The "Environments & Societies: History, Literature, and Justice" Research Initiative has announced its Winter Quarter 2017 colloquium series. Speakers from several different universities will address the human-nature interactions critical to meeting the environmental challenges of our era.
By Phyllis Jeffrey – Literature can bear witness to political trauma. But what happens when that trauma exceeds narrative possibilities? On November 30, 2016, in a talk entitled "Mourning, Memory, and Articulations of the Political in Turkish Coup d'état Novels," Sibel Irzık explored the 'coup novels' that have become a prominent sub-genre in Turkish literature since 1980.
The Institute for Social Sciences is pleased to announce its 2016-17 Junior Faculty Research Grants. This support for new and groundbreaking research ranges throughout the Division of Social Sciences.
By Kathleen Holder - Margaret Crofoot, a University of California, Davis, anthropologist studying group decision-making in primates, has been awarded a 2016 Packard Fellowship for Science and Engineering from the David and Lucile Packard Foundation.
On November 17, 2016, ISS Senior Research Fellow Michael van Walt van Praag delivered a Noon Lecture entitled "Addressing History in Intrastate Peace Processes."
By Tanzeen R. Doha – Are self-control and self-esteem dependent on genetics, or on relative subjective experiences? Which of these two facets has a greater influence on individual success? PhD student Olivia Atherton tackled such questions at a Social-Personality Psychology brown bag talk on November 7, 2016.
By Phyllis Jeffrey – A visit to Jerusalem’s Ticho House—once an optometry clinic—led Anat Mooreville to explore how eye health came to be linked with "visions" of the modern nation in British-mandate Palestine. On November 10, 2016, Mooreville, a postdoctoral fellow in Jewish Studies, delivered a talk entitled "Blind in Palestine: An Ocular History."
On November 2, 2016—one week before Donald J. Trump emerged victorious in the U.S. presidential election—ISS hosted a Noon Lecture entitled "Election 2016: Polarization, Public Opinion and Policy Making." It was presented by Cheryl Boudreau and Christopher Hare, both of the Department of Political Science at UC Davis.
By Tanzeen R. Doha – China’s postsocialist era has seen many fascinating cultural and economic shifts. Lily Chumley, an assistant professor of media, culture, and communication at New York University, discussed two such shifts—in artistic training and personal wealth management—on October 31, 2016 at the invitation of the Department of Anthropology.
By Phyllis Jeffrey - What do we really know about human smugglers? Are our impressions based more on stereotypes than facts? On November 3, 2016, the Comparative Border Studies Mellon Research Initiative hosted a symposium entitled “On Containment and Coyotaje: Critical Approaches to Human Smuggling.” The speakers—Gabriella Sanchez of the University of Texas in El Paso and Luigi Achilli of the European University—both challenged dominant narratives surrounding the practice of human smuggling.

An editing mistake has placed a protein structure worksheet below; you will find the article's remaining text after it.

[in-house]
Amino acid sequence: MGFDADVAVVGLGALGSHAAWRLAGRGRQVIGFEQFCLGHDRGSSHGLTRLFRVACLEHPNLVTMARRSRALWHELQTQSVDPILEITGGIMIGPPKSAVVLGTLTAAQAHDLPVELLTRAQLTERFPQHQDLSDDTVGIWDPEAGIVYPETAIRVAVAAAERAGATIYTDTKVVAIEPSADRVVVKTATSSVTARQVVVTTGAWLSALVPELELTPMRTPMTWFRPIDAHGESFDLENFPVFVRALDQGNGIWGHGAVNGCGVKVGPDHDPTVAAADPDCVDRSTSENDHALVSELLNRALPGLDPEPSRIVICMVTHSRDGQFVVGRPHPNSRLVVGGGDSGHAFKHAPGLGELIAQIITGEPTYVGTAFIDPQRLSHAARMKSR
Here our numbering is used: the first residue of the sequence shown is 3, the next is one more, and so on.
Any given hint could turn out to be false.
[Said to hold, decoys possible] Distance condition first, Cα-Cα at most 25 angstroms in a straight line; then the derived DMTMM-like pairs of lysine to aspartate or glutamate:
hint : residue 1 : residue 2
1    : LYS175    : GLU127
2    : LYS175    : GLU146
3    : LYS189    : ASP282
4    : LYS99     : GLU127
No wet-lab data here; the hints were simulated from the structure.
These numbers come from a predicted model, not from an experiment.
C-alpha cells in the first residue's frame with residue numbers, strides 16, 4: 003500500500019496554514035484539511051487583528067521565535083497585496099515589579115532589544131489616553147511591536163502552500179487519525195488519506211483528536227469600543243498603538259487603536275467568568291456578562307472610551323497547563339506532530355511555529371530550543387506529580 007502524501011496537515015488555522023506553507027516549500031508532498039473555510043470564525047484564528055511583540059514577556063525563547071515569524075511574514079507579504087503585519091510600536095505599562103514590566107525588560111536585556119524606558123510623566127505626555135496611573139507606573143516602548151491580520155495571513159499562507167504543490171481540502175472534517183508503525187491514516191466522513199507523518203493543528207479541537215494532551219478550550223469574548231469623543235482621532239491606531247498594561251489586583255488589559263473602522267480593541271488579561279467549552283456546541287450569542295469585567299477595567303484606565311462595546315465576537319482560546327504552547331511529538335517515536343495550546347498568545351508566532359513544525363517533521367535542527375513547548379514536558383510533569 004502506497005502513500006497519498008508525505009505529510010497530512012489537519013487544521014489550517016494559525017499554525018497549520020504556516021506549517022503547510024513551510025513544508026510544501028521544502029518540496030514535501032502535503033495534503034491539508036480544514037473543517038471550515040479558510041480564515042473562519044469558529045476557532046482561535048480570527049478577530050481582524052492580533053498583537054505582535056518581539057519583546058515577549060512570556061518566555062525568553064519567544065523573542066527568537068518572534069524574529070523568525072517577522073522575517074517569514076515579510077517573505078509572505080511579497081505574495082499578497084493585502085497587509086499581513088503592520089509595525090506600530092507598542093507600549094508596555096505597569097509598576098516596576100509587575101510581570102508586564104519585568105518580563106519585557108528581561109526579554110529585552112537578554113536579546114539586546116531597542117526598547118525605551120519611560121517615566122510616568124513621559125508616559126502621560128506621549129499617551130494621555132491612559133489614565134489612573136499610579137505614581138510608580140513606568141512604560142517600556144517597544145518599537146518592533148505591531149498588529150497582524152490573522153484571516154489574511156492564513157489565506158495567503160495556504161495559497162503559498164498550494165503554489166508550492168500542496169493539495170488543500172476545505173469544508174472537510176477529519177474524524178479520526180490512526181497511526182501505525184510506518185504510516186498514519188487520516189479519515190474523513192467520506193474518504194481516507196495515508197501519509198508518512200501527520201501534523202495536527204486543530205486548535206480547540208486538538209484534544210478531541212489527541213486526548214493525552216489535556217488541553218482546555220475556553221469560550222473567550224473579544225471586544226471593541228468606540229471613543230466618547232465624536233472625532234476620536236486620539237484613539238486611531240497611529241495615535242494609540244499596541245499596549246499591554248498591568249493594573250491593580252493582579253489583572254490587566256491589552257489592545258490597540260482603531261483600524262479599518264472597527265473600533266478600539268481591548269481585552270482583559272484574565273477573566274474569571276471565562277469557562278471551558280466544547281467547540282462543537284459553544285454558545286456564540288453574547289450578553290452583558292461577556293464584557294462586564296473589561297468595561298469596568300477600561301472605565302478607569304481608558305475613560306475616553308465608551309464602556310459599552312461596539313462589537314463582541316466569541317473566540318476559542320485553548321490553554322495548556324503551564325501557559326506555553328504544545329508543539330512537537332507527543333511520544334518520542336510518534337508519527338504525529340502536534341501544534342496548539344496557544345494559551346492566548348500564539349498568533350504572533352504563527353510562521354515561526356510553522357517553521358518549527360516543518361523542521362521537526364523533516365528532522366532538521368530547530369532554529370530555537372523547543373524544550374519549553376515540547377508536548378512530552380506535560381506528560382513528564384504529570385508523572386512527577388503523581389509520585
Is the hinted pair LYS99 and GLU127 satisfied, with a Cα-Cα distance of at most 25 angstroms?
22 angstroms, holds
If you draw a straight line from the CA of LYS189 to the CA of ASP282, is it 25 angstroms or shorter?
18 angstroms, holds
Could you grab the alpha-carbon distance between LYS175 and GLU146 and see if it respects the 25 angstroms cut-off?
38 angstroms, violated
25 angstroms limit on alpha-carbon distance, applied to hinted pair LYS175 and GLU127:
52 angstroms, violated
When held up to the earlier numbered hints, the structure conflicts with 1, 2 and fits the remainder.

By Phyllis Jeffrey - What does an open hand signify? Does it depend on to whom the hand belongs? On October 27, 2016, in a talk entitled "Hands and the Humanitarian Gesture: Buddhist Non-Violence and Black Lives Matter," Emily Hue of UC Riverside explored images of open-palm, up-raised hands in both activism and socially conscious art.
By Tanzeen R. Doha - In the 1970s, the logic of the Cold War resulted in a particular kind of international relations between the U.S. and the Middle East. Those relations were explored on October 24, 2016 by Salim Yaqub, professor of history at UC Santa Barbara, at a colloquium hosted by the Department of History.
On October 20, 2016, ISS invited Dr. Michael Lerma to present a lecture on the challenges faced by the contemporary movement for Indigenous sovereignty in the United States.
By Phyllis Jeffrey - How might exploring the Vietnam War through the experience of ordinary Vietnamese individuals complicate existing historical accounts? How can engagement with new sources, histories, and perspectives afford new opportunities to probe Vietnam’s past—and engage with its present, too? Such questions were at the heart of an event entitled "Revisiting Viet Nam War History: Understanding the Army of the Republic of Viet Nam," hosted by the New Viet Nam Studies Cluster on October 19, 2016.
By Tanzeen R. Doha – What does Turkey’s Peace Mothers movement mean for traditional humanitarian notions of non-violence? Can it ease tension between the Turkish state and the pro-Kurdish PKK? At a colloquium hosted by the Department of Anthropology on October 17, 2016, Kabir Tambar of Stanford University suggested that the Mothers’ declarations of friendship provide a potential pathway to peace.
By Tanzeen R. Doha - Unlike the enslavement of Africans, Native American slavery was historically illegal across much of North America. Yet, as Andrés Reséndez explained on October 12, 2016, at a colloquium held in honor of Indigenous Peoples’ Day, it was practiced for centuries—sometimes by Indians themselves.